2. US Department of Health and Human Services (HHS). “Bisphenol A (BPA) Information for Parents.

3. US Food and Drug Administration (FDA). “Update on Bisphenol A for Use in Food Contact Applications: January 2010.

What do you think? Should we serve children meals and drinks in plastics containing BPA? Will you be throwing out plastics with BPA?


  1. I heard about BPA on news all week. I agree we need to keep kids away from it. But the parents are in charge of their kids and their house. I can't tell them to throw out their belongings.Raleigh North CarolinaBaby Nurse and Nanny

  2. I disagree with Baby Nurse from Raleigh. I feel as a nanny I am an adovcate for children. We must tell parents about dangers of BPA. A few days ago a parent "blessed her great nanny" for telling her about the new study of BPA dangers. We have the responsibility to protect the children in our care!Nanny Annie R.23 Years Nanny ExperienceEarly Education DegreeChappaqua, New York

  3. Hi,Agree with both Annie and the Baby Nurse! I think it is our duty to be advocates for our children and educate our parents for their children's sake. At the same time we have no right to tell a Parent how to raise their child, because when it all comes down to it is there child and not ours. I think we could only suggest making a change or even offer to purchase some bottles that are BP free in hopes to reach a middle ground. Now as a nanny for my families I have been given permission throw things out that are worn etc… So if I come across a sippy cup/bottle that may have a little scratch in it I will toss and since I do some of the shopping for the children I just would buy BP free products.

  4. Thanks again for posting a great resource for nannies. I never visited Dr Greene's site and did today and it's great. Very helpful!I also think we must tell the busy parents about BPA. The parents I work for are much too busy to watch the news or read the paper. After you posted this Friday I've been researching myself and it's really important to tell the parents. But if they choose not to follow your advice to get too worked up. Still don't heat any plastics in microwave or dry in dishwasher. Heat milks and formulas outside of the baby bottle and add to bottle. These type things you can do regardless of the type of baby bottle the parents choose to use.Thanks as always for being a super resource of great info!Melanie, Household ManagerOriginally from Los Alamos, New Mexico working in Rolling Hills, California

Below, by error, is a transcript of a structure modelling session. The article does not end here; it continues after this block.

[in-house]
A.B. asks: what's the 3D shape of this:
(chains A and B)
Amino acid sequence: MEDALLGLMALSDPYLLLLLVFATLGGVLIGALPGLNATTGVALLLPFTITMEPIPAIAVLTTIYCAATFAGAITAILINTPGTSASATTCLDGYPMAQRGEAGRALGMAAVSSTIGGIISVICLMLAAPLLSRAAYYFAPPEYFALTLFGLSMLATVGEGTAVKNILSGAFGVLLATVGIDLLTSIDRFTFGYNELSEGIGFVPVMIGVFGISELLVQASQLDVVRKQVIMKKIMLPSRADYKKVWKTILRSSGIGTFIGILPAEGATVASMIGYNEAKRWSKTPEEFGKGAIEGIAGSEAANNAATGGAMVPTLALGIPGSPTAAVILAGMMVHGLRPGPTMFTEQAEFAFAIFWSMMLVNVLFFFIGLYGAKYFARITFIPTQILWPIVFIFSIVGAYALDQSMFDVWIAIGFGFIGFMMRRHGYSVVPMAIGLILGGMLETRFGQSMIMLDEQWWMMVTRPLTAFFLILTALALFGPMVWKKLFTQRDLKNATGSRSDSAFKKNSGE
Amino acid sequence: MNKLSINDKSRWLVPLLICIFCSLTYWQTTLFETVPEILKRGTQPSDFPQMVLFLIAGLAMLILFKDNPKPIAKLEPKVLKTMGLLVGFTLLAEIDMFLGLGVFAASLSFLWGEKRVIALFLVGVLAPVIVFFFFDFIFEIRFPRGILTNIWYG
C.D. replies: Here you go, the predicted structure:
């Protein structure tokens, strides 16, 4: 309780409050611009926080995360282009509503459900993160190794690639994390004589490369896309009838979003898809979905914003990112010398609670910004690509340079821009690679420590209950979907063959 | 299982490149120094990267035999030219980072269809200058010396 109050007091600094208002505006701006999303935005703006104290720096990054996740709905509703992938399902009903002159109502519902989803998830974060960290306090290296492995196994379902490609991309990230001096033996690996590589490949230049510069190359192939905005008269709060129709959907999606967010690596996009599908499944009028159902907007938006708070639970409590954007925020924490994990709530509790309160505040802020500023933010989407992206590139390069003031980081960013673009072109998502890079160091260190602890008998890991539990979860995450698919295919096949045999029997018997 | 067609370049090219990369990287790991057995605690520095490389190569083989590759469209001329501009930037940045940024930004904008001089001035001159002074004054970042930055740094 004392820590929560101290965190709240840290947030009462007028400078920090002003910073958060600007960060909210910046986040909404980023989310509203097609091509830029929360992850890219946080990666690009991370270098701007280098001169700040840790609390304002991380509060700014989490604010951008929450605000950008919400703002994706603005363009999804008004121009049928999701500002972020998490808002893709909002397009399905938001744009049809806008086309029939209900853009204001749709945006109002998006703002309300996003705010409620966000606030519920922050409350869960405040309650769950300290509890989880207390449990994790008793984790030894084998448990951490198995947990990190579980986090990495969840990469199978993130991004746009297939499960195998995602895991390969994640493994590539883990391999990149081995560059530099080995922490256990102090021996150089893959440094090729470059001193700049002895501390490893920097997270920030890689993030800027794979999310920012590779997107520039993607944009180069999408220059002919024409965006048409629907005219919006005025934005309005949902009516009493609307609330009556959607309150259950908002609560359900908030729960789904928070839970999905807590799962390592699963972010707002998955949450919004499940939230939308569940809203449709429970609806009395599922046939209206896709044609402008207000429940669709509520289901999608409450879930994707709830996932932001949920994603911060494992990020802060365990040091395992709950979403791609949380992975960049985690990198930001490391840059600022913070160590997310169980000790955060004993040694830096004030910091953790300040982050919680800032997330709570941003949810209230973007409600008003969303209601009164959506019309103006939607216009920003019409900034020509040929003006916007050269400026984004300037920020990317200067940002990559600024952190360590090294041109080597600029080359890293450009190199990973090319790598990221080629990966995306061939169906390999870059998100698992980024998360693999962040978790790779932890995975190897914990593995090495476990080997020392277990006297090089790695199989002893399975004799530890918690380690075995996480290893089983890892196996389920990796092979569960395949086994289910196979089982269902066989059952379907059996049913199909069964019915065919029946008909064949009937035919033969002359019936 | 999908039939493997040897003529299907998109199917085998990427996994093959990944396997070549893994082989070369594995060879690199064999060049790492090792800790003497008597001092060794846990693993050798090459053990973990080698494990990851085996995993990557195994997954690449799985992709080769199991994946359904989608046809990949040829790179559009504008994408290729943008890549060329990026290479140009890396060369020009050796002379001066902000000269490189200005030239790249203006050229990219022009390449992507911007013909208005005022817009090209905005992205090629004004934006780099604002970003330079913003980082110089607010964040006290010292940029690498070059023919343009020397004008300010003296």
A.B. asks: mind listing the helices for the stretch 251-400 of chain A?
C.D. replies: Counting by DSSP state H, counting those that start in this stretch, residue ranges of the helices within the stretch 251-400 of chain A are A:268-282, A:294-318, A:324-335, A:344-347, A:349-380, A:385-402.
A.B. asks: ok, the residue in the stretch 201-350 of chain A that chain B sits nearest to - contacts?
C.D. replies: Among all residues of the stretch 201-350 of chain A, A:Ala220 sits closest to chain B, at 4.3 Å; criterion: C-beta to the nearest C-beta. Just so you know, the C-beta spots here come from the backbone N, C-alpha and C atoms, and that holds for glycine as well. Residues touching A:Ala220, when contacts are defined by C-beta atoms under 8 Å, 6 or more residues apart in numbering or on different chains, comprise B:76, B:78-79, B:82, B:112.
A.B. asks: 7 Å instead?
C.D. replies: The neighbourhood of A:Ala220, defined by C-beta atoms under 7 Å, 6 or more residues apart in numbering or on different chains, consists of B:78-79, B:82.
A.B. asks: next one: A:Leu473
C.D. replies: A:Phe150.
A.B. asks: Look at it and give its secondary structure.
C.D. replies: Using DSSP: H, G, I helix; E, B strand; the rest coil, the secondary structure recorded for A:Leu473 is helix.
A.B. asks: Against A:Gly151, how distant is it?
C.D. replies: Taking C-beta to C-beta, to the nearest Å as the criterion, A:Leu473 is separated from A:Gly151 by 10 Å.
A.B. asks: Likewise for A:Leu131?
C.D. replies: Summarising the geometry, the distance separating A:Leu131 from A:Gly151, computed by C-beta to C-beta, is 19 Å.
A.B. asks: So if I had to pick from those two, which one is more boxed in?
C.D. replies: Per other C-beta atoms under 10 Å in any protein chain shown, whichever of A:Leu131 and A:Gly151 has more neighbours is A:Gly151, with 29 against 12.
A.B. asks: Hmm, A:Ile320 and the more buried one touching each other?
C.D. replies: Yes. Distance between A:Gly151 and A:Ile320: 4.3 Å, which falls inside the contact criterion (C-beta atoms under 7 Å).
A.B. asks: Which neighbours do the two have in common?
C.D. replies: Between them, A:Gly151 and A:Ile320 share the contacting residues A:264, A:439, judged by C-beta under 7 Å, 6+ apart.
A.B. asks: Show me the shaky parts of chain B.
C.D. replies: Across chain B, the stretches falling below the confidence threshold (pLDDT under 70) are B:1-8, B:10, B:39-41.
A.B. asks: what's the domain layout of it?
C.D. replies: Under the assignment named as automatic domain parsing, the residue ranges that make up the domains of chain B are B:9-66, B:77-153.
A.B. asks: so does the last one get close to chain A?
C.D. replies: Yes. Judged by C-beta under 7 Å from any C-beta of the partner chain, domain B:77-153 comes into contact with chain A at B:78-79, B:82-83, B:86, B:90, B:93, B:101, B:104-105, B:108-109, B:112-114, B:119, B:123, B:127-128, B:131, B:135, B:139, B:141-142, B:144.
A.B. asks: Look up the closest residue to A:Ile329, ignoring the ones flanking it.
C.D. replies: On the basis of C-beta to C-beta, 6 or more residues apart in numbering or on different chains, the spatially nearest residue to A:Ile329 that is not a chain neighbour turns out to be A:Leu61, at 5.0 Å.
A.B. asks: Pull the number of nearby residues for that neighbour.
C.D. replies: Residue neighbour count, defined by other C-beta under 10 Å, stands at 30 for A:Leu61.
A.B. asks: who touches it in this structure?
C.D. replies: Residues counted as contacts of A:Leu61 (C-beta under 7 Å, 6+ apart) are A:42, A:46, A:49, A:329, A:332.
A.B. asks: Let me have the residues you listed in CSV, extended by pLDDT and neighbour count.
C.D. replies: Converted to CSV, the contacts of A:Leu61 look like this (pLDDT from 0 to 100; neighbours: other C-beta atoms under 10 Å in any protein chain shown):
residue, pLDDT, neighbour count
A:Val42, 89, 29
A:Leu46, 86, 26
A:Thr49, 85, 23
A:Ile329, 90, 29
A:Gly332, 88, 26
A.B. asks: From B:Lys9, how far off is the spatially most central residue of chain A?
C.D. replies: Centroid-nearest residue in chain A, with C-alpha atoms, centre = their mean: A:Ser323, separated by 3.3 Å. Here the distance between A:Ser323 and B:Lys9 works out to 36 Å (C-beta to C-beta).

5. We threw out all the plastic dishes and bottles with 3 and 7 on them. I think most nannies work for affluent families who can certainly afford to replace the plastic bottles. I also read to throw out cracked plastic and if you taste plastic throw it out.great nanny from middleburg, va

  6. We did have water bottles we needed to throw out. I did not ask for permission I did it and told the parents later. I went to Costco which had several shelves of bpa free water bottles available and easy to see. I heard that glass infant bottles are on backorder and sold out in many stores in the nation. Good, it's a start. I will be rethinking my position on oraganic foods too. I think it just makes instinctual sense that the new idustrialized chemicals of this century are causing more asthma, cancer, autism, and so on….

  7. I will definitely show the mother who hires me this tomorrow. I think we ought to throw out the plastics with 3 or 7 and ps in recycle triangle. Soda cans, cans of soup and tuna? It's nuts. Manufacturers should have been held accountable and had testing done 40 years ago BEFORE putting these toxins on the market and holding our food! I will follow this closely.Dena Fevre, Nanny 8 YrsSausalito, Ca